The Joint Annual Scientific Meetings of the Endocrine Society of Australia and the Society for Reproductive Biology 2018

 Idebenone reduces mitochondrial ROS in mouse and human sperm with elevated baseline ROS (#296)

Victoria M Nikitaras 1 , Nicole O McPherson 1 , Michelle Lane 2
  1. University of Adelaide, Adelaide, South Australia, Australia
  2. Monash IVF Group, Adelaide, South Australia, Australia

Male obesity and ageing have been shown to impair male fertility. One common proposed mechanism is an increase in harmful ROS levels that can cause DNA damage in the sperm, resulting in reduced pregnancy rates and increases in miscarriage.  ART treatments provide an opportunity to reduce sperm ROS during sperm washing and isolation in vitro. Idebenone is a synthetic analog of co-enzyme Q10 that is more readily dissolved in culture media and crosses the mitochondrial membrane, targeting mitochondrial ROS. The aim of this study was to determine if addition of Idebenone to the sperm preparation culture media could reduce ROS levels in human and mouse sperm.

Human sperm (n=6) from obese males or mouse sperm (n=5) with elevated ROS levels were incubated in GIVF medium (control) or GIVF medium supplemented with 5µM Idebenone for 2h. Mitochondrial ROS was measured by incubation with MitoSOX and assessed using flow cytometry of live sperm which were identified by exclusion of SYTOX Green. Fertilization in the mouse was performed by co-incubation of sperm with cumulus-enclosed oocytes for 4h and successful fertilization assessed by the presence of 2-cells the following morning. Statistical differences between treatments where assessed by generalised linear modelling using SPSS.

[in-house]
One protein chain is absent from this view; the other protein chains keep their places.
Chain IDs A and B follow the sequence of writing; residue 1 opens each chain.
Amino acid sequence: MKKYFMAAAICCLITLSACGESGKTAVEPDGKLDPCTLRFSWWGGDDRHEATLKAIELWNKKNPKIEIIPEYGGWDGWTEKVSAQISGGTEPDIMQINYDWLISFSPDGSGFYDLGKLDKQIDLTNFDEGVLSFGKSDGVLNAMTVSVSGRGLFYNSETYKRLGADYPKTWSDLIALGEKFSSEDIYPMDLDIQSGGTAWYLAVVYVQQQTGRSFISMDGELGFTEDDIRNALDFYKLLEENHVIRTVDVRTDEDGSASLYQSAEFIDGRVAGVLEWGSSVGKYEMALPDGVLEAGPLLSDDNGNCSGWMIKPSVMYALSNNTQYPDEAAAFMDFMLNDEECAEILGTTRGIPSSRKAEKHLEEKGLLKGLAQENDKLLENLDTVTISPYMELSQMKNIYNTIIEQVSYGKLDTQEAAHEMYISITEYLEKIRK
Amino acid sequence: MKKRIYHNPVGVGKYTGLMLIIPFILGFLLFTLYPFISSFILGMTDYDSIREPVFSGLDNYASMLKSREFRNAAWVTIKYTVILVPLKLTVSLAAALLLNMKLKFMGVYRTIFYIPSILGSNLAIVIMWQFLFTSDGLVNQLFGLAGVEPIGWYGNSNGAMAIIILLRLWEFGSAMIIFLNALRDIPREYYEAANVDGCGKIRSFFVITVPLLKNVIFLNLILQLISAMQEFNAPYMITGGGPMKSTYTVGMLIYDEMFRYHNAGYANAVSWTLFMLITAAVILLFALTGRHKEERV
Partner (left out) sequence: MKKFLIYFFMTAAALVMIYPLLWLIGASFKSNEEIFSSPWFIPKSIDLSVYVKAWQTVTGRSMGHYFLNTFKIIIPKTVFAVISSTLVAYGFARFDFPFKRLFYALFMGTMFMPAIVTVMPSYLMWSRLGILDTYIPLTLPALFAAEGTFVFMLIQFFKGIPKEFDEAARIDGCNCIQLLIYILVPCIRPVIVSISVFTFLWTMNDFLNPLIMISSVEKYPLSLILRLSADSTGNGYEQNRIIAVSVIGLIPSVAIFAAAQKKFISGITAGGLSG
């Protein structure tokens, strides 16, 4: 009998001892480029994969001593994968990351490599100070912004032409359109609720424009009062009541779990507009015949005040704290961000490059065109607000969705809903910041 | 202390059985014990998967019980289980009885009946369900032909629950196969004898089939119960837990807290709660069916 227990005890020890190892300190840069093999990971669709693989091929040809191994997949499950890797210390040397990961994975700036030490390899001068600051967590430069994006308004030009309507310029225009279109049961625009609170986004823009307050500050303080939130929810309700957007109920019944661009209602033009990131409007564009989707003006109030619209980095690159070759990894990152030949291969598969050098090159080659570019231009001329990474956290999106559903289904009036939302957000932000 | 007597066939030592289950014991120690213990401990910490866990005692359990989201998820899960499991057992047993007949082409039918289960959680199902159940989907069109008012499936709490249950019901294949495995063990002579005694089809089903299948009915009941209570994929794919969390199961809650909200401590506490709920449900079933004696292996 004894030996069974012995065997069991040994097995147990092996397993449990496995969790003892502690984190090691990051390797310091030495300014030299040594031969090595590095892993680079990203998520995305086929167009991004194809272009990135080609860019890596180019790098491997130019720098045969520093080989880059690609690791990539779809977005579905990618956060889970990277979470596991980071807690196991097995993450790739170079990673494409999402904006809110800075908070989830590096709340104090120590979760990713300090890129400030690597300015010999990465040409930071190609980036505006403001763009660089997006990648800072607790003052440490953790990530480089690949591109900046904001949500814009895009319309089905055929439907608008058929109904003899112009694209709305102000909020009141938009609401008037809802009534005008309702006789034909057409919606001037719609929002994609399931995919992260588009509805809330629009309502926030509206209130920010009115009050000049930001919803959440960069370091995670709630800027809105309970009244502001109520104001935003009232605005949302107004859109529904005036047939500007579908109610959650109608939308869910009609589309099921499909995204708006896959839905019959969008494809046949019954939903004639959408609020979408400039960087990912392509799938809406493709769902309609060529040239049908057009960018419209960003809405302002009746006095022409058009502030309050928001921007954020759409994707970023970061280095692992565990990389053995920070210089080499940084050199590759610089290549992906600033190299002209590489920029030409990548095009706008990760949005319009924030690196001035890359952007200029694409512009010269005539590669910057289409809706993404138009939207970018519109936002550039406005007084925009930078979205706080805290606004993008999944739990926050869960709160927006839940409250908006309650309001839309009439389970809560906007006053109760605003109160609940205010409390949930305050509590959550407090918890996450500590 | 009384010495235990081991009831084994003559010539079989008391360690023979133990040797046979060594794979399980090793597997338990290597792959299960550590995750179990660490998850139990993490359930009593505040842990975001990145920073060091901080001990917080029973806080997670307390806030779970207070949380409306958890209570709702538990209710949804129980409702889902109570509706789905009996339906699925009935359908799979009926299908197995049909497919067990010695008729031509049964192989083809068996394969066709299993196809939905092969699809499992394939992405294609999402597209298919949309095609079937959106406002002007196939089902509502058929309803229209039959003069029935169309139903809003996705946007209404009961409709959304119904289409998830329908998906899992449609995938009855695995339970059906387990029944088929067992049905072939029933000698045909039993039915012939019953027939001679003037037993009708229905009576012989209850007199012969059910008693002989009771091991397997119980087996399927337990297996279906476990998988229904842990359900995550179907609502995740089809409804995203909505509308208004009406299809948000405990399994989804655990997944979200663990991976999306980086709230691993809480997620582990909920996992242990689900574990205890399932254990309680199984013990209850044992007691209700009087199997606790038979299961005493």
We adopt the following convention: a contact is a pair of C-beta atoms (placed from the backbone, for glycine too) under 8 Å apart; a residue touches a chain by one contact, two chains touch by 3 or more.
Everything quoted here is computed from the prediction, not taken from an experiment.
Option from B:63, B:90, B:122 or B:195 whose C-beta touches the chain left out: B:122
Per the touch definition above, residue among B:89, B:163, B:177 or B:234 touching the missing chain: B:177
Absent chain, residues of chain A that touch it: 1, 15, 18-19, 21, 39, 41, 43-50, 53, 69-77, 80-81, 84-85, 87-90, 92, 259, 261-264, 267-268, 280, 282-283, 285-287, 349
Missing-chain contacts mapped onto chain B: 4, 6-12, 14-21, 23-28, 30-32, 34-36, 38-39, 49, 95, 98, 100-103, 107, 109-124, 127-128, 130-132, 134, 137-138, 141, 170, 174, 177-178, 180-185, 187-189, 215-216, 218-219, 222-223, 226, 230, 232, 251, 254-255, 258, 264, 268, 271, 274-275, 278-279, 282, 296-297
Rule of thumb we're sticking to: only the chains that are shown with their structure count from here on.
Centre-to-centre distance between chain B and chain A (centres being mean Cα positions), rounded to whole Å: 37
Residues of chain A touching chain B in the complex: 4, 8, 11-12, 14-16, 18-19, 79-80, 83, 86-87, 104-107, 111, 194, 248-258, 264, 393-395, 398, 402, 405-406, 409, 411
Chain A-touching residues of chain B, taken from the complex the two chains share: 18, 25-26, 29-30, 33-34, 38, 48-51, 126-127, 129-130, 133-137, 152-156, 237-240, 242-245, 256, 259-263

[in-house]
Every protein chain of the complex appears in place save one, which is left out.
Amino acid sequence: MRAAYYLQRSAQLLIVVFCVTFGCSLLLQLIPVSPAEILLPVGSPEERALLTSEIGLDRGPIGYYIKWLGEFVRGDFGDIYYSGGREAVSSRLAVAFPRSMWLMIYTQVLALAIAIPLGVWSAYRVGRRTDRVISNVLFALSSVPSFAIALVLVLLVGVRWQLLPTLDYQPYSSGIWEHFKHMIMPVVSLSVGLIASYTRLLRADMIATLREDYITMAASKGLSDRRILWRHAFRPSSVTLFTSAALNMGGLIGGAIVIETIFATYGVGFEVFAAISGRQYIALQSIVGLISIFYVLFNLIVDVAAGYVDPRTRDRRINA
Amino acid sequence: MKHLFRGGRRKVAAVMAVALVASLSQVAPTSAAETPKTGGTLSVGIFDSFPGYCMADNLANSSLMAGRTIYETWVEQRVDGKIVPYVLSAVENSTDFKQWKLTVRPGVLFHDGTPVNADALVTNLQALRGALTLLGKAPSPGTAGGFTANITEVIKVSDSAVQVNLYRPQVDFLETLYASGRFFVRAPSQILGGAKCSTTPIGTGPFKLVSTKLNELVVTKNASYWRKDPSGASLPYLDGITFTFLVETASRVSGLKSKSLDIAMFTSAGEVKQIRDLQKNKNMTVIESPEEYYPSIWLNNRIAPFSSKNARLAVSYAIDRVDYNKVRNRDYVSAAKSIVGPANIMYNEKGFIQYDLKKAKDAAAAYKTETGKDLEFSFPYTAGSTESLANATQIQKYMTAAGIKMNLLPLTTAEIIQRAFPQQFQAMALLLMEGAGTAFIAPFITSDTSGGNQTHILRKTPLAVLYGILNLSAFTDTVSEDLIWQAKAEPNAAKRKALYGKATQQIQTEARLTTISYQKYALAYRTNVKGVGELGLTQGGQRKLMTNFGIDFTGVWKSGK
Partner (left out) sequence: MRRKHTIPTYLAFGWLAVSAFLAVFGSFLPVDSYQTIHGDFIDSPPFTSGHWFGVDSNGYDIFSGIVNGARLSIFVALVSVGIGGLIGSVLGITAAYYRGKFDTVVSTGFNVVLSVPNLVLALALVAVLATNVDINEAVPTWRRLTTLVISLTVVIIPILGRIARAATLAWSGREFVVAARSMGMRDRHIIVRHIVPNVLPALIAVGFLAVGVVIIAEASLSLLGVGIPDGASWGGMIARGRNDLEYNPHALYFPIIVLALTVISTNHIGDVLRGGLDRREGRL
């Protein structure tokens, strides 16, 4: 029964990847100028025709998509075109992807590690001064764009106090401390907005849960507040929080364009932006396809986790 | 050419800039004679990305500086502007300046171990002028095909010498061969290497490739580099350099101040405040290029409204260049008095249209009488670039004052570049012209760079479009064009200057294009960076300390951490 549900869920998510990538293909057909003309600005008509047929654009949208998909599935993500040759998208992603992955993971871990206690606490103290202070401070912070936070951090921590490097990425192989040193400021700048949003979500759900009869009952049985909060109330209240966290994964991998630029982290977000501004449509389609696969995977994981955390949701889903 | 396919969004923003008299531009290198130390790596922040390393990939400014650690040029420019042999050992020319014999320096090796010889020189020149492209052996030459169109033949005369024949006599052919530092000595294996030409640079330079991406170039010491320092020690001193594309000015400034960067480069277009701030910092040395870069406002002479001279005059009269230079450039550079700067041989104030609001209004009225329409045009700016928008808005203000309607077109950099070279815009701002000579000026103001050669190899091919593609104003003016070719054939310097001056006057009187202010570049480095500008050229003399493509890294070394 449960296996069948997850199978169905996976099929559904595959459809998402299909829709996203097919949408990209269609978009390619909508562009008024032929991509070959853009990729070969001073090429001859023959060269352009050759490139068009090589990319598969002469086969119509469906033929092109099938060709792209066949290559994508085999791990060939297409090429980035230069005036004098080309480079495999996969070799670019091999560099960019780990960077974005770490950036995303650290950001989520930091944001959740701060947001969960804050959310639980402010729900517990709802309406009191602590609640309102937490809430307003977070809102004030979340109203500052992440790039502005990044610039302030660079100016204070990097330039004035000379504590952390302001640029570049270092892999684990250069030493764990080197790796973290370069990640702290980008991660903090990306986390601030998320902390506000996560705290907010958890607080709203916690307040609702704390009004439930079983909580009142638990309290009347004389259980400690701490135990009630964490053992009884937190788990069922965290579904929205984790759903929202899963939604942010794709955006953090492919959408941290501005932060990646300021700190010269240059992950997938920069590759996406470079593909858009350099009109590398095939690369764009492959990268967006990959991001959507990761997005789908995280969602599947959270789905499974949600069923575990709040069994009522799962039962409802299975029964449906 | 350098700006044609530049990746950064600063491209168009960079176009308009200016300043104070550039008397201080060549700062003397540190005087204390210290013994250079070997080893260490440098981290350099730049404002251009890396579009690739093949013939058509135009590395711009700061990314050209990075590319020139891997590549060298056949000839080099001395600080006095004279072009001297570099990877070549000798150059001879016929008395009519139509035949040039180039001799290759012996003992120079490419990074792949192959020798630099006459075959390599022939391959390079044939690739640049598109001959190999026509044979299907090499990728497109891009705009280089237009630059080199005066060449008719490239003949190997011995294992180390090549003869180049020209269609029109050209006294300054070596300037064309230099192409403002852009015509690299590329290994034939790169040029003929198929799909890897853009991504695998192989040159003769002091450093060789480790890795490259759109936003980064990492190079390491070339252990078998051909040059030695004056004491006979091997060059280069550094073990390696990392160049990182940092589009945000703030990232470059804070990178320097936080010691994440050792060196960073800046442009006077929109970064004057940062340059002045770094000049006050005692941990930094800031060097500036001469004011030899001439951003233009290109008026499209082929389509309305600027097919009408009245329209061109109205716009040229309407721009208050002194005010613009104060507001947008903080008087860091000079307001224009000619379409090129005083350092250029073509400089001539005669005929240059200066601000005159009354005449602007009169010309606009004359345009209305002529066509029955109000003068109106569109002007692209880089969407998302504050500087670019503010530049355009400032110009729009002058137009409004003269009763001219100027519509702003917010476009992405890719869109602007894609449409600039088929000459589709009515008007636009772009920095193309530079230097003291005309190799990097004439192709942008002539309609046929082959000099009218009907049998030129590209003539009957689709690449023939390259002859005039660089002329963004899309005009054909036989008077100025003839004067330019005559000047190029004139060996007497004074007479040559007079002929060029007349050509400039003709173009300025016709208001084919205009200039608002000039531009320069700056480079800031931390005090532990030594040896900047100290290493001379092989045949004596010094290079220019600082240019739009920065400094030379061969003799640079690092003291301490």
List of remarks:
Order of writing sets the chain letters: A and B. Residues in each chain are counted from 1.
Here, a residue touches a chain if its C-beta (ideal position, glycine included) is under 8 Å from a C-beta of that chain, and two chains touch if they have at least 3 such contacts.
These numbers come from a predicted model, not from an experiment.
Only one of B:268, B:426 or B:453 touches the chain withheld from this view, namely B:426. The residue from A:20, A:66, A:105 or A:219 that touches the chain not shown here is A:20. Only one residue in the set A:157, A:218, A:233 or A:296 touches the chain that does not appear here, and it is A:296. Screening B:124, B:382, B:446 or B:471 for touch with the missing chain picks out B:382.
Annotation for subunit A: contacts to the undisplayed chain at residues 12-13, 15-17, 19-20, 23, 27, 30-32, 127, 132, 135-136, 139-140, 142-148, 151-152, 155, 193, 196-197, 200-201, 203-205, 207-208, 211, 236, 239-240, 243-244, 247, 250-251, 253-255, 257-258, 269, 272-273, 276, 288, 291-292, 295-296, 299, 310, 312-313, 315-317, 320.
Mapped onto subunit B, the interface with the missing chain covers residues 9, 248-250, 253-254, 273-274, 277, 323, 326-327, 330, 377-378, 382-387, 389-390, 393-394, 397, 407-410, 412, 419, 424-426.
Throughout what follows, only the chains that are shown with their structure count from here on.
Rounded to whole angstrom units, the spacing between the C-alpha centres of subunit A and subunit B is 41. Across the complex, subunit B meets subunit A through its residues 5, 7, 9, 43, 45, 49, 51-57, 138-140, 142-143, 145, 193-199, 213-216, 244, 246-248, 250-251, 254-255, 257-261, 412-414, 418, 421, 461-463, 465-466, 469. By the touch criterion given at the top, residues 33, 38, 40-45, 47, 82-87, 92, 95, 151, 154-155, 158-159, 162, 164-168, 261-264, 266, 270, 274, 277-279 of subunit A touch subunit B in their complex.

Incubation with Idebenone resulted in a significant decrease in sperm mitochondrial ROS levels, with a 16% decrease in the human (control 1392±15, Idebenone 1195±14, P<0.01) and 13% decrease in mouse (control 687±11, Idebenone 596±10).  In the mouse, fertilization rates were increased when the sperm was incubated with 5µM Idebenone prior to insemination (P<0.05).

This study suggests that short term incubation with the antioxidant Idebenone in vitro can reduce sperm mitochondrial ROS, in samples that have elevated baseline ROS. In the mouse, this translated to improvements in fertilization rates.  Further studies need to establish if this translates to similar improvements in the human.